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The Pearl Theatre
Company has earned a well-deserved reputation for excellence in the presentation of both
classical theatre and traditional American plays. Given their strengths, George Kelly's
family comedy from the 1920s is a natural choice to add to their repertoire. It's a
deceptively simple work, starting out as a mildly witty play about a family with a few
eccentricities and a few secrets, but it soon becomes more than that. The title character
is a friend of one of the young nieces of the family, an outsider who challenges the
assumptions of the family, and upsets the balance that they have sought to maintain over
Pamella Pearl (her last name coincidentally the same as the company)
plays this benign interloper with a delightfully subtle combination of comic aplomb and
sensitive depth. The character is a fascinating blend of devil-may-care elan and
down-to-earth sensibleness, a truly American character, and Pearl's performance navigates
the line between the two elements of character with shrewd skill. Voice and action combine
in a flawless performance. She makes it entertainingly clear that Daisy Mayme sees through
the family phonies, endears herself to the more aware members of the clan, and brings
bright warm light to a household that is under some pressure to live in the dim hues of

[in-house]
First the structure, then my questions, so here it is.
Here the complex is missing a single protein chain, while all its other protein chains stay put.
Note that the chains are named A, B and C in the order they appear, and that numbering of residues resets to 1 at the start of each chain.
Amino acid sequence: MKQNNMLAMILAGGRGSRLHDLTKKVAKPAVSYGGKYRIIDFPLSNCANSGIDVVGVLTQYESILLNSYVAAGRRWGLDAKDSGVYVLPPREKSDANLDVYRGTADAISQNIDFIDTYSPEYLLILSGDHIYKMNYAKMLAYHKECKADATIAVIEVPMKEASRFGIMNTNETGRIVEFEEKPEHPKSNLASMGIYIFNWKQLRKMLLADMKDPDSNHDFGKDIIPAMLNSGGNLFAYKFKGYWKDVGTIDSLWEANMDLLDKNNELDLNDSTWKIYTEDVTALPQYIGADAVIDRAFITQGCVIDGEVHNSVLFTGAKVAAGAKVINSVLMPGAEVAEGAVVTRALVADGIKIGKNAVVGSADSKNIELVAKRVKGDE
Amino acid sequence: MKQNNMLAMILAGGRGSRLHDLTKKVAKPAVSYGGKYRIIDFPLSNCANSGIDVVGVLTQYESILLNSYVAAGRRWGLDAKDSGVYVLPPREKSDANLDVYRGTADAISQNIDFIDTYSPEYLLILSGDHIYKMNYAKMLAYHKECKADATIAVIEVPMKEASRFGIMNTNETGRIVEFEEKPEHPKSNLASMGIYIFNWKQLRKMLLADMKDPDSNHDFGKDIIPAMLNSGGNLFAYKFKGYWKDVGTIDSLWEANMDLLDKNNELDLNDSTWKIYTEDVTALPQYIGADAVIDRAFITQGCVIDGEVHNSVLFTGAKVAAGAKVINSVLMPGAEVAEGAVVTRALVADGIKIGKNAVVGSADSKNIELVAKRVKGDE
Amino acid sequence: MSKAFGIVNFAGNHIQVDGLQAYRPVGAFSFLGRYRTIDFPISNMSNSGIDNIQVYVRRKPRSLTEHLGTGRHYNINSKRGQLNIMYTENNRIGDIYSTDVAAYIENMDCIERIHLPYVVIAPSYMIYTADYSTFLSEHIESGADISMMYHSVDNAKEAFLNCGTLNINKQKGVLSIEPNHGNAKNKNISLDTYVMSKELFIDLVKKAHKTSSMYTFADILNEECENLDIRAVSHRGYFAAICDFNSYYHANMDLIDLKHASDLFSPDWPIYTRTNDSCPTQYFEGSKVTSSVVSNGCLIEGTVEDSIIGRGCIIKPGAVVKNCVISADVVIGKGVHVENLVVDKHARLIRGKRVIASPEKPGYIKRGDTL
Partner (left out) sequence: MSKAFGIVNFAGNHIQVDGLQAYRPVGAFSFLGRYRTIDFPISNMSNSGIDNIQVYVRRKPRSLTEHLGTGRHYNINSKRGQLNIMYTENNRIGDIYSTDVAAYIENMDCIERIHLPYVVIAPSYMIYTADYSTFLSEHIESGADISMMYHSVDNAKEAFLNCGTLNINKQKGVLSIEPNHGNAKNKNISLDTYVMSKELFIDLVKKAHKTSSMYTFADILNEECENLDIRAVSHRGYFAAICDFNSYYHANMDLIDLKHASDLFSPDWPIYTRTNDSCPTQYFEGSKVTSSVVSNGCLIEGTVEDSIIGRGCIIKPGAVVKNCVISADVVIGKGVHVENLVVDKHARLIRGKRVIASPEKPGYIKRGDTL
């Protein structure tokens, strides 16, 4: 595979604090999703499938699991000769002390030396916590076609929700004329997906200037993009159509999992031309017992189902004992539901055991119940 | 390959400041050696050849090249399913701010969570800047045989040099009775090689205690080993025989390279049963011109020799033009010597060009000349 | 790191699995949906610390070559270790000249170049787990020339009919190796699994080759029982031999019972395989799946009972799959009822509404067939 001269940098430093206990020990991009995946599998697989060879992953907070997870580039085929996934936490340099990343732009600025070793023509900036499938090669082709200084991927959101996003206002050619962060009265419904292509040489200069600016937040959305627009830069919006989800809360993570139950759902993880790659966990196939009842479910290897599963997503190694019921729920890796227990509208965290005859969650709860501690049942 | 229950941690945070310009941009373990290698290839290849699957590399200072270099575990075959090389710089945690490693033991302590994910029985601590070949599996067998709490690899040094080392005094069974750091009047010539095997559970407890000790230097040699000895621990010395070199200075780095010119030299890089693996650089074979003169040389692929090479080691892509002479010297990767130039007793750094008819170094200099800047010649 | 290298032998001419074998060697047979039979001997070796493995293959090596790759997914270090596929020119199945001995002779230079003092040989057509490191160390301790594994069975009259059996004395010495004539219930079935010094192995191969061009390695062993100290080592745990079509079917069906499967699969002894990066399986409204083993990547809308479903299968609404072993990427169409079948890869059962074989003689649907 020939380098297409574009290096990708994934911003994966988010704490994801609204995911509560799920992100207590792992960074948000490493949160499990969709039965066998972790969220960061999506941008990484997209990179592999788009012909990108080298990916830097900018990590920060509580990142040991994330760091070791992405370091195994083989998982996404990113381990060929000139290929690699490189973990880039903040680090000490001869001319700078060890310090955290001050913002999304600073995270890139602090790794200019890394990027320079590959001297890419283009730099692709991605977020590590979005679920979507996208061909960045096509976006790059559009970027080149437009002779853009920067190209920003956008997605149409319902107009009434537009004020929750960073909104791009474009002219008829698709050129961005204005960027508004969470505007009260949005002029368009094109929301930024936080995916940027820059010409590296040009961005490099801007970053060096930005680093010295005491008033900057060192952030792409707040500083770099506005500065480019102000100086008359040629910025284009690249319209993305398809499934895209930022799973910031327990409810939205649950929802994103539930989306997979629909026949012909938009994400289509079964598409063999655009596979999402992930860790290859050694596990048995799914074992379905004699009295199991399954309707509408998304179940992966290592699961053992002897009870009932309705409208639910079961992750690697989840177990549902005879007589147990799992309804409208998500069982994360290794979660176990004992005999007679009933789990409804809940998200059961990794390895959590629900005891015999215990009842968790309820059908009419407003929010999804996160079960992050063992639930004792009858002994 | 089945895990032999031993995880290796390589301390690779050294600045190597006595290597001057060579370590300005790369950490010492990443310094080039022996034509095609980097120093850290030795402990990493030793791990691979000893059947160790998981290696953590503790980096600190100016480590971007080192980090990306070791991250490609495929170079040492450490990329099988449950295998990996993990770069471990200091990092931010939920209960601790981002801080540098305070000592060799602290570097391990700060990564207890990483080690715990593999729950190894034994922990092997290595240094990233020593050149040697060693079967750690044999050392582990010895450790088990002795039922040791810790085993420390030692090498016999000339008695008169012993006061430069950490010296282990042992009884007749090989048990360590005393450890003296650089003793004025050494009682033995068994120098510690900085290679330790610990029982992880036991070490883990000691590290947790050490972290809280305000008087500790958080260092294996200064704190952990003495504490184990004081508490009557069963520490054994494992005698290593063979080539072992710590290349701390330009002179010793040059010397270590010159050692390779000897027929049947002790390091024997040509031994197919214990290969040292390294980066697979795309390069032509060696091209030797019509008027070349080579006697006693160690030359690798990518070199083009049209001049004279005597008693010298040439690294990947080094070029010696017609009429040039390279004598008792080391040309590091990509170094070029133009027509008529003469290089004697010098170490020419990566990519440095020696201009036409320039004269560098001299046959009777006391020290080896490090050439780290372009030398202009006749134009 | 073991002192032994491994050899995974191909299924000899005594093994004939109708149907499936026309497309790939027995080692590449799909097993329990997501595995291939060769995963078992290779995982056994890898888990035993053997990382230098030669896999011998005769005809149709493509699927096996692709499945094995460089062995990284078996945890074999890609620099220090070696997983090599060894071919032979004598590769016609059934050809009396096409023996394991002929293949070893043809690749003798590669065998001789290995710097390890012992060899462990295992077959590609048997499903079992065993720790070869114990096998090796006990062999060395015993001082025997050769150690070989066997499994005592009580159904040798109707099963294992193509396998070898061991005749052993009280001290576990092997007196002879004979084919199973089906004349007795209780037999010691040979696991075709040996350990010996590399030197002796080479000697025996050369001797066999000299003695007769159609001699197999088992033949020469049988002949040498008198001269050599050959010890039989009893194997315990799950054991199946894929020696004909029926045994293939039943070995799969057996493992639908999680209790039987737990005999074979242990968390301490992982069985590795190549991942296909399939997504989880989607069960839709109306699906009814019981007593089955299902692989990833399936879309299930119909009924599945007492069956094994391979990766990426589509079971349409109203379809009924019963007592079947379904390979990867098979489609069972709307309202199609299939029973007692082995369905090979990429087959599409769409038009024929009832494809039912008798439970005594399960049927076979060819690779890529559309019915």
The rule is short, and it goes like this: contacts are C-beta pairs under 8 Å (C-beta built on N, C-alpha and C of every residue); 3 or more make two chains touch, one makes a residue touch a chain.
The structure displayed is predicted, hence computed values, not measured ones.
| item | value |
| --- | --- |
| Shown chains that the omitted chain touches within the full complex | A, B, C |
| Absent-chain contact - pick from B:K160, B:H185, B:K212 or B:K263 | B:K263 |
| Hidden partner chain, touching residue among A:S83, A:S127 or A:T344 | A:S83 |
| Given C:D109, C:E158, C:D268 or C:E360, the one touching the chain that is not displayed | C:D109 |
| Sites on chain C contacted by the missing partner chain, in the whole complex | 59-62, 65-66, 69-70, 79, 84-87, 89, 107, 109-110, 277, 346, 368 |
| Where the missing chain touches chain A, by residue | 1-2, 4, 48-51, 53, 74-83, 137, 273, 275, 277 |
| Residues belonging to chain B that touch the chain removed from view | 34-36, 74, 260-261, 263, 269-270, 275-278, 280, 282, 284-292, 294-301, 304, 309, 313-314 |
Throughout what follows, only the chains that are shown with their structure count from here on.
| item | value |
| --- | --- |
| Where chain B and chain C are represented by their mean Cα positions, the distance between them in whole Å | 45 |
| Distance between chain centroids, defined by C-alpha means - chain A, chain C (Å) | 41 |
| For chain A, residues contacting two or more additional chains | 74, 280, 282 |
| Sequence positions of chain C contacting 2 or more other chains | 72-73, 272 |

conformity. She even melts the heart of the rock-solid businessman who is the patriarch of
the family with what might be called sexy logic. It is an altogether winning performance.
Pearl is supported by a cast that breathes vibrant life into all the
other characters. Under the artistic leadership of Shepard Sobel, they are a real company,
with the same actors and directors working together over and over, and this ensemble
method creates over time a trust and almost intuitive unity. Dominic Cuskern, as the
sensible man of affairs (business affairs, that is), brings dimension and crisp strength
to a character that, in the hands of a lesser actor, could be a stereotype. Robert Hock,
as a dotty but wise 91 year-old neighbor plays a short scene of comic brilliance, leaving
the audience hoping that he will return.
The play is directed by Russell Treyz, one of New York's most skillful
and perceptive directors. He clearly loves the script and the characters and he has guided
his actors to share this love. The movement he has created is smooth and telling, and the
character's voices play with and against each other to support the story's ins and outs
and the characters' ups and downs.
One of the most fascinating elements of the production is the set
(Beowulf Boritt) which is the warmly woody interior of the living room of the old family
house. On the walls are large paintings depicting what the house and surrounding road and
trees look like from the outside, a brilliant way to realize the entire world of the play.
The costumes by Rebecca Morrison are character-perfect and period-perfect.
New York, April 28,
- Roy Sorrels